12 Circus Acts That Teachers Perform On a Daily Basis
This article was written by a guest blogger, teacher, wife, and mom of one, who is going into her 11th year teaching 4th grade. Her belief is that successful teaching is based solely on building relationships with her students.... but also Sonic drinks and a sense of humor.
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You know the saying, “Not my circus, not my monkeys?” Well, for teachers, it turns out, this IS our circus and these ARE our monkeys. Teachers are educated professionals who are overworked and underpaid. We work at a circus every day for peanuts. It’s only fair we should get the free popcorn and travel. My thought is, the next time the circus comes through town, any one of us could freshen up our resume with our actual skills and apply for any of the following positions:
We can juggle a tote of graded papers, coffee, water, lunch, books we found at a yard sale over the weekend, and a bag of new school supplies all while unlocking the school building door on a Monday morning. We juggle the responsibilities of being our students’ educator, counselor, disciplinarian, and sometimes parent figure. Bring on some flaming bowling pins.
We are “on” for 7 hours a day, 5 days a week. There’s no opportunity to turn it off until 4:00 on Friday. We sing, dance, and all but stand on our heads most days. Entertaining a crowd of eager, money-paying consumers HAS to be easier than entertaining a crowd of bored, unimpressed students. I can practically hear the calliope music now.
Not only do our teacher voices provide the perfect volume for commanding attention, but we also know how to sell a performance. We can talk up the most mundane of experiences to make them exciting: WE ARE DOING AN AWESOME SCIENCE LAB TODAY!! (Or you know, pouring water on a pie plate of soil to watch erosion). Give us some real entertainment to sell.
4. Tight rope walker
Don’t mind us, over here trying to keep parents, students, administrators and colleagues all happy at the same time. We walk a fine line all day, every day. And falling off that line is just as dangerous as falling off the tight rope. One misstep and our livelihood is ruined.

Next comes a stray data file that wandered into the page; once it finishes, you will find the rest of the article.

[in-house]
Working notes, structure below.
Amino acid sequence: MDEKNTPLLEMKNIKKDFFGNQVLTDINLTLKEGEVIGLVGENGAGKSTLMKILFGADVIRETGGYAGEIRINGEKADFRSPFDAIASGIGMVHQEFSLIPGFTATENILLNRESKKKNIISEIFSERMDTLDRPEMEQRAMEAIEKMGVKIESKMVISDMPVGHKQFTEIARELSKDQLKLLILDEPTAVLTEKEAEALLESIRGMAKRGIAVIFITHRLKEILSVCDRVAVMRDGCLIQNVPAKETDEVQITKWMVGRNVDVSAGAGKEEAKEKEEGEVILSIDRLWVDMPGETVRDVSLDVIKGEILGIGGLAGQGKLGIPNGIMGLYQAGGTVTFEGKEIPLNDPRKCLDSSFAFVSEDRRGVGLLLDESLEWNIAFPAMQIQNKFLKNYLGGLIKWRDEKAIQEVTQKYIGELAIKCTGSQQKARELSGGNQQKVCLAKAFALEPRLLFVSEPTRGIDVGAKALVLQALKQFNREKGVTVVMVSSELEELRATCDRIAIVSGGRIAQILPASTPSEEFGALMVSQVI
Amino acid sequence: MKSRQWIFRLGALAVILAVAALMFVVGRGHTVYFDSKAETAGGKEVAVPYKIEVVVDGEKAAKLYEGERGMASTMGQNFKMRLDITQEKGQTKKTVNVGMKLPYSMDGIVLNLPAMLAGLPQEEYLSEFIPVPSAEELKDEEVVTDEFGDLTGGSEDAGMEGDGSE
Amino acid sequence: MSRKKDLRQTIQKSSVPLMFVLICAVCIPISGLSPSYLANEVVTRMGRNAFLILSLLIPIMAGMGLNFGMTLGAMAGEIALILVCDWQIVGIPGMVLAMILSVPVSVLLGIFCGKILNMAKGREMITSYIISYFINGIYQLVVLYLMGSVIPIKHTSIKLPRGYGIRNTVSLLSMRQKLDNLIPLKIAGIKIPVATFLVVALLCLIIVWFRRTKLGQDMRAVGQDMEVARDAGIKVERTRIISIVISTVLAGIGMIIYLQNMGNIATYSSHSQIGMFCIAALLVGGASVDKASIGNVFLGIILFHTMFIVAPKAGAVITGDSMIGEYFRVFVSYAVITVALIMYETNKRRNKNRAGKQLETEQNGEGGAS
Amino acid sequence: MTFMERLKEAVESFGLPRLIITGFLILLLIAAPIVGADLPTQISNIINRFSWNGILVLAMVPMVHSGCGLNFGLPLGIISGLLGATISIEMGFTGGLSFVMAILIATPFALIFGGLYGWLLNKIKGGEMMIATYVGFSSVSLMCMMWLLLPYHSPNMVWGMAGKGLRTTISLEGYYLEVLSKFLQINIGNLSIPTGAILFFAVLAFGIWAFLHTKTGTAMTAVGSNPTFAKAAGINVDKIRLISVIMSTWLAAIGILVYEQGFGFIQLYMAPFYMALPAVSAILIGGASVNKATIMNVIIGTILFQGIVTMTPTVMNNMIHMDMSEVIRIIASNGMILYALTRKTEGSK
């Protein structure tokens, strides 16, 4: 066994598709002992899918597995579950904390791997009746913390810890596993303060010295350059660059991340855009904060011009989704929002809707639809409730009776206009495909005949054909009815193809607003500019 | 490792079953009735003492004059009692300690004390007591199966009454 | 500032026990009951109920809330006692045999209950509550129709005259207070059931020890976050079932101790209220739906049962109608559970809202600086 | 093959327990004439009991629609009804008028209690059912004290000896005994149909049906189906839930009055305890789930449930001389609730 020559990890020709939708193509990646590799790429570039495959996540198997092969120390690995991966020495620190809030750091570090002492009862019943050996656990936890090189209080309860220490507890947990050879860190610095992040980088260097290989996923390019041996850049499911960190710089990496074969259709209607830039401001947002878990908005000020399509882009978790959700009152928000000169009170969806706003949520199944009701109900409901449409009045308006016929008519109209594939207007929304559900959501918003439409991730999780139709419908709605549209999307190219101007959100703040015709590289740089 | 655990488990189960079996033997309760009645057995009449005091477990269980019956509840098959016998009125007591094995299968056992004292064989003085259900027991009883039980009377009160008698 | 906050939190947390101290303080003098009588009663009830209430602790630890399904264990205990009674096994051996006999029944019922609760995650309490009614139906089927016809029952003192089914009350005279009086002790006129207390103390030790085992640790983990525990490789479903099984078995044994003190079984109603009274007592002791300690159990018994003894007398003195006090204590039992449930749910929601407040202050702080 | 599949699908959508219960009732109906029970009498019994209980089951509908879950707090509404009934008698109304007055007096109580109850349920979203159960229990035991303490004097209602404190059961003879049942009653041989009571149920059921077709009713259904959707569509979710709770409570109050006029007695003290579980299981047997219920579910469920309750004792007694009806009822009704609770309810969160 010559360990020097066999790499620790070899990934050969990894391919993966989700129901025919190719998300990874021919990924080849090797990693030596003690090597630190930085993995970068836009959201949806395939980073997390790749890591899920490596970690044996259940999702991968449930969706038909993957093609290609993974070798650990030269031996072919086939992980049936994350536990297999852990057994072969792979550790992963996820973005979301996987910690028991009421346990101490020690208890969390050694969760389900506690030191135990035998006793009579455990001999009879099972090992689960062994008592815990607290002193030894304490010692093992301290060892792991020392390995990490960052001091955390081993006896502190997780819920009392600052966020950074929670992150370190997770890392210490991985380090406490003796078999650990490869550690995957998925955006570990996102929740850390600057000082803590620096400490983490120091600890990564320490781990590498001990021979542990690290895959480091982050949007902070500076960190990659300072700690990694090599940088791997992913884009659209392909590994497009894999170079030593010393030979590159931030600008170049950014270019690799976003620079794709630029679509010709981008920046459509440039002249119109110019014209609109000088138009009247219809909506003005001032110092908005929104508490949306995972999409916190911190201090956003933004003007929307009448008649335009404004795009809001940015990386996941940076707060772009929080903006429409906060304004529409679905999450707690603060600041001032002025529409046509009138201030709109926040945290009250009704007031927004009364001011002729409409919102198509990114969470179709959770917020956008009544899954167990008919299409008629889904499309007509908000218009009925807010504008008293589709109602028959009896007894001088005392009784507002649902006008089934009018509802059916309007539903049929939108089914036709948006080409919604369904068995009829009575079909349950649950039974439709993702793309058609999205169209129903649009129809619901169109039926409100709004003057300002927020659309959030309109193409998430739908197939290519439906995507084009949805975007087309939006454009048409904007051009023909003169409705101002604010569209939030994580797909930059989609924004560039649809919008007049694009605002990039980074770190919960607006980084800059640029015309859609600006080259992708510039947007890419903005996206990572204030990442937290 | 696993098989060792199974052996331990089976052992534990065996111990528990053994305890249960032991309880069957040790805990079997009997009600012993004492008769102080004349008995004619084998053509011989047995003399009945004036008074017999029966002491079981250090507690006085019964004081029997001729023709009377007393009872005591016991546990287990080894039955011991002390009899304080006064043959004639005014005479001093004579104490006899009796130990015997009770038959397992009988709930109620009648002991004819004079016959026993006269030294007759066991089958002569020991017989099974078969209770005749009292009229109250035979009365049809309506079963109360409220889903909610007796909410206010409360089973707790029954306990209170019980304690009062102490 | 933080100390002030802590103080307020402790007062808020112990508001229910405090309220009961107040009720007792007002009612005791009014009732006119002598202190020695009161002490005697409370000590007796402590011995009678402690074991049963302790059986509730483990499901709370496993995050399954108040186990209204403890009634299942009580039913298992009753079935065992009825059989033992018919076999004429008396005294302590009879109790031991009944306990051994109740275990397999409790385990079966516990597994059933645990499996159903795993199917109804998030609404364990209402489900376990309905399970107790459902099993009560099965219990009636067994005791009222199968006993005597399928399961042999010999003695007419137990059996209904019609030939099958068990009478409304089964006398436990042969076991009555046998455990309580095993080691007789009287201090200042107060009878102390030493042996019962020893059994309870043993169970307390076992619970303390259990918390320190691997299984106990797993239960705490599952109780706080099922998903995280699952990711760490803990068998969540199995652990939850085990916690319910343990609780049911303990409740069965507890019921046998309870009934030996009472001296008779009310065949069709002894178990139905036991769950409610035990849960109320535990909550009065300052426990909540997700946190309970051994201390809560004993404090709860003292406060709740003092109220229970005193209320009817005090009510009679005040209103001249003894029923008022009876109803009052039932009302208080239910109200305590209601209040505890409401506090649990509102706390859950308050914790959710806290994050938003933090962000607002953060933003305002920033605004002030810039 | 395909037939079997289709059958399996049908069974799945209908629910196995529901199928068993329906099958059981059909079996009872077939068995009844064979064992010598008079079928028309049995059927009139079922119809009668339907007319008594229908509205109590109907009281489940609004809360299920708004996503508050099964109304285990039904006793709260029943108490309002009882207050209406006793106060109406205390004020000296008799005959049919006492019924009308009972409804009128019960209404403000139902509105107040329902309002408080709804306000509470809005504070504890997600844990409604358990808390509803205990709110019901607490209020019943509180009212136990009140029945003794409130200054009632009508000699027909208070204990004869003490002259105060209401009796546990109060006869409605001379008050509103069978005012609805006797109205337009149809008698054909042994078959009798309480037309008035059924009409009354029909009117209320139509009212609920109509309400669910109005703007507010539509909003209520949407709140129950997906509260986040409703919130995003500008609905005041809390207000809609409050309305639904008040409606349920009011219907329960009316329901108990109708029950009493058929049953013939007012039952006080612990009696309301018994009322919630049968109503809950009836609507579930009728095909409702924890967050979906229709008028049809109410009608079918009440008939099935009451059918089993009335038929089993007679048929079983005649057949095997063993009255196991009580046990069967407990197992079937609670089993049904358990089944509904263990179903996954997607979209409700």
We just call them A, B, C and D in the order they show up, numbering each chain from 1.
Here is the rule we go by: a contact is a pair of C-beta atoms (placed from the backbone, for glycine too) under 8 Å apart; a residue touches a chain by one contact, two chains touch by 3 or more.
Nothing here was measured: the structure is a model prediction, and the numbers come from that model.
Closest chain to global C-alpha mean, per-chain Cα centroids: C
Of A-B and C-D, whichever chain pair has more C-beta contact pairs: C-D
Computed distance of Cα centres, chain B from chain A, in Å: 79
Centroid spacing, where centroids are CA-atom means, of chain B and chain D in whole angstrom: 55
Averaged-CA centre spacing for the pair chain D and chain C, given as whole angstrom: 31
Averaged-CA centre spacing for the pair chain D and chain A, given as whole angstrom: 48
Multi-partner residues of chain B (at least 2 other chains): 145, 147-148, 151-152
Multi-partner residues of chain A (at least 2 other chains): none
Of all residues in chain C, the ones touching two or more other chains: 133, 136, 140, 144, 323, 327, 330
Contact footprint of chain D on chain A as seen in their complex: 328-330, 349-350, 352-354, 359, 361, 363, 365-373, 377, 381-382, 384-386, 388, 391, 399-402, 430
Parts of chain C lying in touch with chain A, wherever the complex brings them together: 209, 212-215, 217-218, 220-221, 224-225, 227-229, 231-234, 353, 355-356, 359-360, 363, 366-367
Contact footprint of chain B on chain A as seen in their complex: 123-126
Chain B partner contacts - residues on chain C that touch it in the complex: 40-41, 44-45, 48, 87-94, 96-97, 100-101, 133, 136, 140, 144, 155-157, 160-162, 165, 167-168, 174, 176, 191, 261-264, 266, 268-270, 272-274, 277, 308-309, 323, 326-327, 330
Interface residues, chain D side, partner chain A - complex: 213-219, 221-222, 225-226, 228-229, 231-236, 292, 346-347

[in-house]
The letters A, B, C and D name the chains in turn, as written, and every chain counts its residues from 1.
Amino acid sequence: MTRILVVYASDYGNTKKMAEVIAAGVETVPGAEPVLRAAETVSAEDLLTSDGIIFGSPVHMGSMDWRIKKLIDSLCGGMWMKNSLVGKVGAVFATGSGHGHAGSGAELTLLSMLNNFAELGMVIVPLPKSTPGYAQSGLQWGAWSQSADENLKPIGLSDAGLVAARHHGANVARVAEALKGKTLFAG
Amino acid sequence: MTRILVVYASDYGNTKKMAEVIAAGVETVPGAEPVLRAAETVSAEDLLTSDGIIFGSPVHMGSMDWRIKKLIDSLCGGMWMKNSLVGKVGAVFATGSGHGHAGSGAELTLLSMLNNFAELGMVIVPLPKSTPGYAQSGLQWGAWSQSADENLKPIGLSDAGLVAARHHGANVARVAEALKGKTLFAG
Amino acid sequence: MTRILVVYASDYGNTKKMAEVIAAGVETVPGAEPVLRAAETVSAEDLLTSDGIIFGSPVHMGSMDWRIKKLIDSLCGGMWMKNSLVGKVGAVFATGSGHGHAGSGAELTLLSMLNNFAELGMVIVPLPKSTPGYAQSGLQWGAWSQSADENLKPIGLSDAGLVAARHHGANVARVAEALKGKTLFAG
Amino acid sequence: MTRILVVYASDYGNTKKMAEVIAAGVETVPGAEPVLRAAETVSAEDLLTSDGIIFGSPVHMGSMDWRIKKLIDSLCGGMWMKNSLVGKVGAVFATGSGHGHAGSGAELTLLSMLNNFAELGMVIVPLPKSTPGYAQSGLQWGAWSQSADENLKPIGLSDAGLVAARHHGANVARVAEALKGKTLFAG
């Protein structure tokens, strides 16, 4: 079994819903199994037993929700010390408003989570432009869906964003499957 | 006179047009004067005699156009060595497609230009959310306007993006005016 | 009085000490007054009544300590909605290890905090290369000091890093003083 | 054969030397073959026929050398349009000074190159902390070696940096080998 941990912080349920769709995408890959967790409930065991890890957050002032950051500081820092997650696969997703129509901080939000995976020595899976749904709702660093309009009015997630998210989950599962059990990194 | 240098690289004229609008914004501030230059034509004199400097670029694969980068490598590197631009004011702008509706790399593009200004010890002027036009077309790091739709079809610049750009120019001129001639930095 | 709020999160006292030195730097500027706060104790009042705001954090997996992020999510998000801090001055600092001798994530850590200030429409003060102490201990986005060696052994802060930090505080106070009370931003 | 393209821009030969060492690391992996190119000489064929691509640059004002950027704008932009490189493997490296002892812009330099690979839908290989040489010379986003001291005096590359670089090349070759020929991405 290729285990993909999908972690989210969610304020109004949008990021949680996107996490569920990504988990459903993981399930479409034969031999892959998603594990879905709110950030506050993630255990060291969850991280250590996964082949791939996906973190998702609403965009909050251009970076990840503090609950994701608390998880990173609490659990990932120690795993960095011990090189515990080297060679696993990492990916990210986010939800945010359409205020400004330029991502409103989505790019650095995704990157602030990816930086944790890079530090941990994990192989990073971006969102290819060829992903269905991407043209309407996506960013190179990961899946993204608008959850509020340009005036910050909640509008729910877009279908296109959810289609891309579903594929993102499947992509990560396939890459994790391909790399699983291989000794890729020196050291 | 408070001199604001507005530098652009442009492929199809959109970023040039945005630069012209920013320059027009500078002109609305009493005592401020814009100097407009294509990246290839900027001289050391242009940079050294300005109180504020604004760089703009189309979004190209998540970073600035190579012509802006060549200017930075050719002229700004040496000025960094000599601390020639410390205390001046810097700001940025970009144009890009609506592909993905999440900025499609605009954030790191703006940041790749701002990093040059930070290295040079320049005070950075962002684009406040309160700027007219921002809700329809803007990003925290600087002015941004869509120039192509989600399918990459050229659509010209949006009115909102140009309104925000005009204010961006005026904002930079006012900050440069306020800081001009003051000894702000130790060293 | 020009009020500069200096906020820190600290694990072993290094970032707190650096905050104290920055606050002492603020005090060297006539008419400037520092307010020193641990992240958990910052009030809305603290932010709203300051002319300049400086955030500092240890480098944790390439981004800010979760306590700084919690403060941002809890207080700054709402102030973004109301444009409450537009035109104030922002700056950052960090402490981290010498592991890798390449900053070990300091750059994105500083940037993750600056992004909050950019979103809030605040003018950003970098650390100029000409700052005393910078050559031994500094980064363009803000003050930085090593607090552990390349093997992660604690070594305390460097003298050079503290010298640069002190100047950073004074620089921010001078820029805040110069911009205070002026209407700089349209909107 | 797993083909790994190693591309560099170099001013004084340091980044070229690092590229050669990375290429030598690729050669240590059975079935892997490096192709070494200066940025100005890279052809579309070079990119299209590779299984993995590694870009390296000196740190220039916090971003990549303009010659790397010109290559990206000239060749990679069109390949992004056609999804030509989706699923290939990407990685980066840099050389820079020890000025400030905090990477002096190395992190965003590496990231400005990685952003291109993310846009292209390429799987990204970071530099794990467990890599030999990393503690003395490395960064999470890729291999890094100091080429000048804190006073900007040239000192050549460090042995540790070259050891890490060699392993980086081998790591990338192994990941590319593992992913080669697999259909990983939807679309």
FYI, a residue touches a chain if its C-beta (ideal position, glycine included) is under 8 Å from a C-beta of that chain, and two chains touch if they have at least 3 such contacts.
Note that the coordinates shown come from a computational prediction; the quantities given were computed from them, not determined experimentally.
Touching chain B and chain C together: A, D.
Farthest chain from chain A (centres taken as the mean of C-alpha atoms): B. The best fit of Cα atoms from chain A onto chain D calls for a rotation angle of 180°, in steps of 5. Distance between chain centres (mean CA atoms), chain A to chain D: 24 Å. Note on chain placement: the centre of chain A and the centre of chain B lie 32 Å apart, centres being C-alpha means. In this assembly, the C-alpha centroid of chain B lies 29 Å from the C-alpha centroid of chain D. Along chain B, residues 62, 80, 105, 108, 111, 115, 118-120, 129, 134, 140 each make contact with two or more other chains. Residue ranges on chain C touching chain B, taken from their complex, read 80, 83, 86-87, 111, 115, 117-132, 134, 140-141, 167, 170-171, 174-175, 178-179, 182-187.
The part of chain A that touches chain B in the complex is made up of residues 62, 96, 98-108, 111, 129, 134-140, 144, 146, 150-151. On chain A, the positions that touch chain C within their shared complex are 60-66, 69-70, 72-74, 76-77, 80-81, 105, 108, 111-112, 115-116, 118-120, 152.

5. Lion tamer
We’ve all literally said this sentence (or one very close to it) to a student:
“You are not a lion. Quit acting like one.” (Variations: "You are not a monkey." "You are not a cat." "You are not a horse." Endless possibilities).
Also, we’ve all been growled at and/or bitten at some point in our teaching career. Taming one lion? I tame 70 lions, every day.
Announce what’s to be expected, get spectators and participants excited about the activities, watch over and take responsibility for what happens in the 3 rings? Sounds like learning centers to me. Throw in a top hat and a whip, and we could start the job today.
Has a contortionist ever had to share their box of doom with dozens of children? We share a small windowless room with multiple other people for 7 hours a day. If you count “lockdown” drills or bad weather drills, we occupy an even smaller space than a contortionist, bending our already tired bodies around to simulate protecting our kids, all while trying to keep them and ourselves completely silent in a dark room and trying not to inhale a flu germ. Also, after years of teaching, being in a box by myself for a while sounds magical.
8. Stilt walker
We actively monitor tests, moving silently and slowly about from high above the crowd. Give us some stilts. In fact, if we can’t have the circus job, could we at least have the stilts? That would make active monitoring more fun.
9. Sword Swallower
If we are lucky, teachers have about 15 minutes to inhale lunch, and that’s on a good day. If you put a sword in a Tupperware dish or Ziploc bag, we wouldn’t be able to slow down enough to even know the difference. In fact, we could probably perform a sword swallowing trick while standing at a copy machine, if that would add any entertainment value.
Besides performing daring, death-defying feats regularly, acrobats are all about working with a team, trusting that team with your very life. Acrobats rely on each other to perform their stunts safely. Is there a better metaphor for teaching? Other teachers are literally our lifeline. You can never feel defeated in a room full of teachers—they were made for building you up and catching you as you swing wildly out of control.
11. Escape Artist
Have you ever seen a teacher at 3:45 on a Friday? Neither has a parent or administrator. Teachers are masters of escaping a classroom and school building with the greatest of ease. No act of God or otherwise can keep a teacher locked in a school building once that final bell rings. Especially the weekend before Spring Break.
12. And finally, clown
Laugh at our expense. We’ll laugh with you, to keep from crying.
SHARE THE LAUGHTER!
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